Chicago is one of America’s great cities and the third most populous in the country. Known as the “Windy City,” it’s famous for its jazz, blues and improv comedy scenes, and home to the Chicago Cubs, deep-dish pizza, and “The Bean.” The good news is that you can enjoy the best the city has to offer – for free. Check out these ideas for budget-friendly options that will help you make the most of your time in Chicago.
Housed in the Historic Water Tower, one of the few buildings to survive the Great Chicago Fire of 1871, the City Gallery is free seven days a week. It’s conveniently located along the city’s “Magnificent Mile,” so a stop here should fit right into a full day’s itinerary. The gallery features photographs of Chicago by Chicago photographers. Exhibitions have ranged from “No Ketchup: Photographs of Chicago Hot Dog Stands” to “New Deal Utopias.” Check out the gallery’s website to see what’s on display during your visit. Location: 800 N. Michigan Ave.
Lincoln Park Zoo
Visitors are surprised that this zoo is free seven days a week. Lincoln Park Zoo is home to over 1,100 animals, with everything from polar bears to big cats to gorillas, and much more. A popular attraction is the Nature Boardwalk, a pond habitat featuring lots of plants and wildlife as well as amazing views of the Chicago skyline. The newest arrivals to the zoo? A pair of red pandas and a baby gorilla. So stop in to say hello. Plan your visit by visiting www.lpzoo.org.
Location: 2001 N. Clark St.
Chicago can get cold and windy, but that doesn’t have to stop you from exploring. The Pedway system is an elaborate network of tunnels, concourses and bridges that connect skyscrapers, stores, hotels and train stations in the city’s central business district. The system is massive, covering more than 40 downtown blocks and containing almost 50 entrances. While a great time to head to the Pedway is during inclement weather, this attraction can be enjoyed year-round, as it houses shops, restaurants, art, and a great look at Chicago’s wide array of architectural styles. Exploration is free and offers a unique city perspective. Check out the city’s website for a map and listing of what can be found along the Pedway.
Chicago Botanic Garden
The Chicago Botanic Garden is a wonderful – and free – way to enjoy nature just north of the hustle and bustle of downtown. You can enjoy the garden at your own pace, whether on foot or by the leisurely garden tram. A popular attraction is the renowned and fragrant Bonsai Collection, which contains bonsai from Japanese master Susumu Nakamura. Also check out the waterfall garden, the esplanade or any of the seasonal displays. You could easily spend a day exploring the grounds of this urban oasis. To see what’s in bloom during your visit and to plan your day, visit www.chicagobotanic.org/visit. Location: 1000 Lake Cook Rd., Glencoe, Illinois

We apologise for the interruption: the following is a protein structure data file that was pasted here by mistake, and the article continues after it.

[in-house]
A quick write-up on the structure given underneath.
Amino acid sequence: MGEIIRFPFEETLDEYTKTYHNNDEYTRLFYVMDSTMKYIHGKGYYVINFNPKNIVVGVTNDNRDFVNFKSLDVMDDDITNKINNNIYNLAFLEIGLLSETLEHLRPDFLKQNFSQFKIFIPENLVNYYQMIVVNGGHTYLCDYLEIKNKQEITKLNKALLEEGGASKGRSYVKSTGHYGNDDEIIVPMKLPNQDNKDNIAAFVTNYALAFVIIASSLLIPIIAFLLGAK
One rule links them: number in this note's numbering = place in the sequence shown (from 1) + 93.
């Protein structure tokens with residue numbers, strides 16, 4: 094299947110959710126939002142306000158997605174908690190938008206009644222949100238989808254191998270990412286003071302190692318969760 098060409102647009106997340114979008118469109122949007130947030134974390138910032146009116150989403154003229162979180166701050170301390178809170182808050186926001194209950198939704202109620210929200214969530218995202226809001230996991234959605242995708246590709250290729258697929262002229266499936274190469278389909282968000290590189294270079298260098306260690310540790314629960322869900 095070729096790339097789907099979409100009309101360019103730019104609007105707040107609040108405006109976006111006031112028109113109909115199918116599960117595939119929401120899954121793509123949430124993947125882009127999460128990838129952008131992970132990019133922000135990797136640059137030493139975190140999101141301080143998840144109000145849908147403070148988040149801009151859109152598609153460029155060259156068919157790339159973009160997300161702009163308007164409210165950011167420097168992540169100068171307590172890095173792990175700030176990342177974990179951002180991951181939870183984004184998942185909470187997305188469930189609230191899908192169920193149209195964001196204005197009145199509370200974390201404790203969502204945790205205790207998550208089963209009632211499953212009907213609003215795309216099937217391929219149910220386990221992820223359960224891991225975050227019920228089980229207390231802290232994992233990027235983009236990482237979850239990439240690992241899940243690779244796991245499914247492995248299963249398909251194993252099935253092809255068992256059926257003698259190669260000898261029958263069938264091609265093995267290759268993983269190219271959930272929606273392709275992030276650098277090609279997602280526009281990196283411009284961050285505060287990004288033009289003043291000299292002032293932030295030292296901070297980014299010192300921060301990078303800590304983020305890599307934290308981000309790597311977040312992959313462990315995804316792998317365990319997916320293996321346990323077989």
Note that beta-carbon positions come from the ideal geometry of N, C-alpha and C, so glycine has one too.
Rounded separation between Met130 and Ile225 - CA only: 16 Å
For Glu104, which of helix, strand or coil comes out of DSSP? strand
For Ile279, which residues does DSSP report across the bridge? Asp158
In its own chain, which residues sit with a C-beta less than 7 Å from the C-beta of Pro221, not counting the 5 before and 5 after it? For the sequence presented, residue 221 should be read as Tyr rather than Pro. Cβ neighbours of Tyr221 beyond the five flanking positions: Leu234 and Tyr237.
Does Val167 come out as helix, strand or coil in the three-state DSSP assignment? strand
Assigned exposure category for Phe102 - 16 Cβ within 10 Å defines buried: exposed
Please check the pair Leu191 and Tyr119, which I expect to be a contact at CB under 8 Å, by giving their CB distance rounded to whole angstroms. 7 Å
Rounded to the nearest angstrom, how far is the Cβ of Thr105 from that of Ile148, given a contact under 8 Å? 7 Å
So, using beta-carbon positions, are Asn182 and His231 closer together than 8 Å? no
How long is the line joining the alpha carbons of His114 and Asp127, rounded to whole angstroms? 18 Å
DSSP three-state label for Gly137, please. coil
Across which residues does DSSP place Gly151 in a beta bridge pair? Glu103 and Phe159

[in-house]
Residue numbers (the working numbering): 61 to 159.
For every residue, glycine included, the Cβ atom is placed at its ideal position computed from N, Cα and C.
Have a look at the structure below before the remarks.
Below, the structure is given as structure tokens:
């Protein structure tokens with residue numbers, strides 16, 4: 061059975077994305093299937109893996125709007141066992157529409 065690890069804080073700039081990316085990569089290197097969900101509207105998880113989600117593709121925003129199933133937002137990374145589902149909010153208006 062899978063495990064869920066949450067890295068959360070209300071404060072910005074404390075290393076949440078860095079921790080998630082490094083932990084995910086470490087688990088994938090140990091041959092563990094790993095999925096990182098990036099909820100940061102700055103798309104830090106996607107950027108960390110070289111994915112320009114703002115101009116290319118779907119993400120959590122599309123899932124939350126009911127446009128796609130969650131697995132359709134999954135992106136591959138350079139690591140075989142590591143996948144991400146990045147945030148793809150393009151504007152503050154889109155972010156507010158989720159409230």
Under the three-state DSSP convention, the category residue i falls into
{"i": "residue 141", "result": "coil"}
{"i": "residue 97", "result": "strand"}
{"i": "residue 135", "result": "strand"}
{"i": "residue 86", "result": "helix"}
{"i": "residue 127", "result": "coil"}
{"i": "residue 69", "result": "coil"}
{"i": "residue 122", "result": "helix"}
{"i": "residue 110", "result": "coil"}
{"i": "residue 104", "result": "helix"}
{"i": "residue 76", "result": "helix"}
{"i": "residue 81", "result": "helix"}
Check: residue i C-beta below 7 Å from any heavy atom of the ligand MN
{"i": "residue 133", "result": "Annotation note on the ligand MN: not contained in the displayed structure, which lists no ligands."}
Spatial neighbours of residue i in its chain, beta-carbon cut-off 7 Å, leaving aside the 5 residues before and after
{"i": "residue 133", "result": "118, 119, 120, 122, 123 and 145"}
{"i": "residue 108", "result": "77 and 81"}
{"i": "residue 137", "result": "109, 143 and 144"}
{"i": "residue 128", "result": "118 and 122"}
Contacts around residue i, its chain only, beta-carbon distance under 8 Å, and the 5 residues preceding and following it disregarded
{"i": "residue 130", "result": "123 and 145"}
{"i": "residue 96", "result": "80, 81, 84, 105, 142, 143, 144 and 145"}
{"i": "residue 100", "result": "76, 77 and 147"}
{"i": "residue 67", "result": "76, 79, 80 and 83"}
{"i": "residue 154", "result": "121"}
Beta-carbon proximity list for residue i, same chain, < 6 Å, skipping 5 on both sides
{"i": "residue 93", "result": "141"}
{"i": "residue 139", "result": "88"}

Chicago Greeter Program
Who could turn down a free tour of Chicago led by a local and customized just for you? The Chicago Greeter Program pairs visitors with a guide for two to four hours, and the tour is based on your interests, language and any neighborhoods you might wish to know more about. Be sure to register at least 10 days in advance to reserve a spot with one of the friendly guides. Greeter guides provide a personal insight into the city that surely won’t be found in guidebooks. Visitors can choose to tour any of the 25 neighborhoods and have the guide focus on any of the 40 interest categories. There really is no better way to see the city. Reservations and more information can be found on www.chicagogreeter.com.
When visiting Chicago you can’t miss the Millennium Park, a favorite with both locals and tourists. Take a walk through the 2.5-acre garden or stroll along the impressive and winding “snake bridge” while watching the hustle and bustle of this vibrant public space. During the warmer months you can catch an outdoor concert at Prtizker Pavilion or go for a dip in the Crown Fountain. The park is seen by many as the heart of the city, and enjoying it is free. Don’t forget to stop by AT&T Plaza to take a picture with the giant steel sculpture Cloud Gate. Probably best known by its nickname, “The Bean,” this piece of art reflects and distorts the city’s skyline and makes for a great photo op. Visit the city of Chicago’s web page dedicated to the park to plan your visit. Click here for more information.
Stroll Chicago’s Lakefront Trail
One of the most picturesque parts of the city is its 18-mile Lakefront Trail, which offers spectacular views of Lake Michigan and a panorama of the city skyline. The trail connects nearly all of Chicago’s beaches and is extremely popular among bicycle commuters and rollerbladers. You can use the trail to plan your own urban trek, as you pass through famous neighborhoods such as Hyde Park, South Loop and Lakeview, to name a few. Whether you want to stop off for a game of beach volleyball or take a break to lounge on the beach or walk in the garden, all 18 miles of the trail are packed with gorgeous views. And you won’t have to pay a thing.
Are you a local who has other tips for seeing the city while saving money? Or a visitor who has found some of the city’s other free gems? Share with us in the comments below!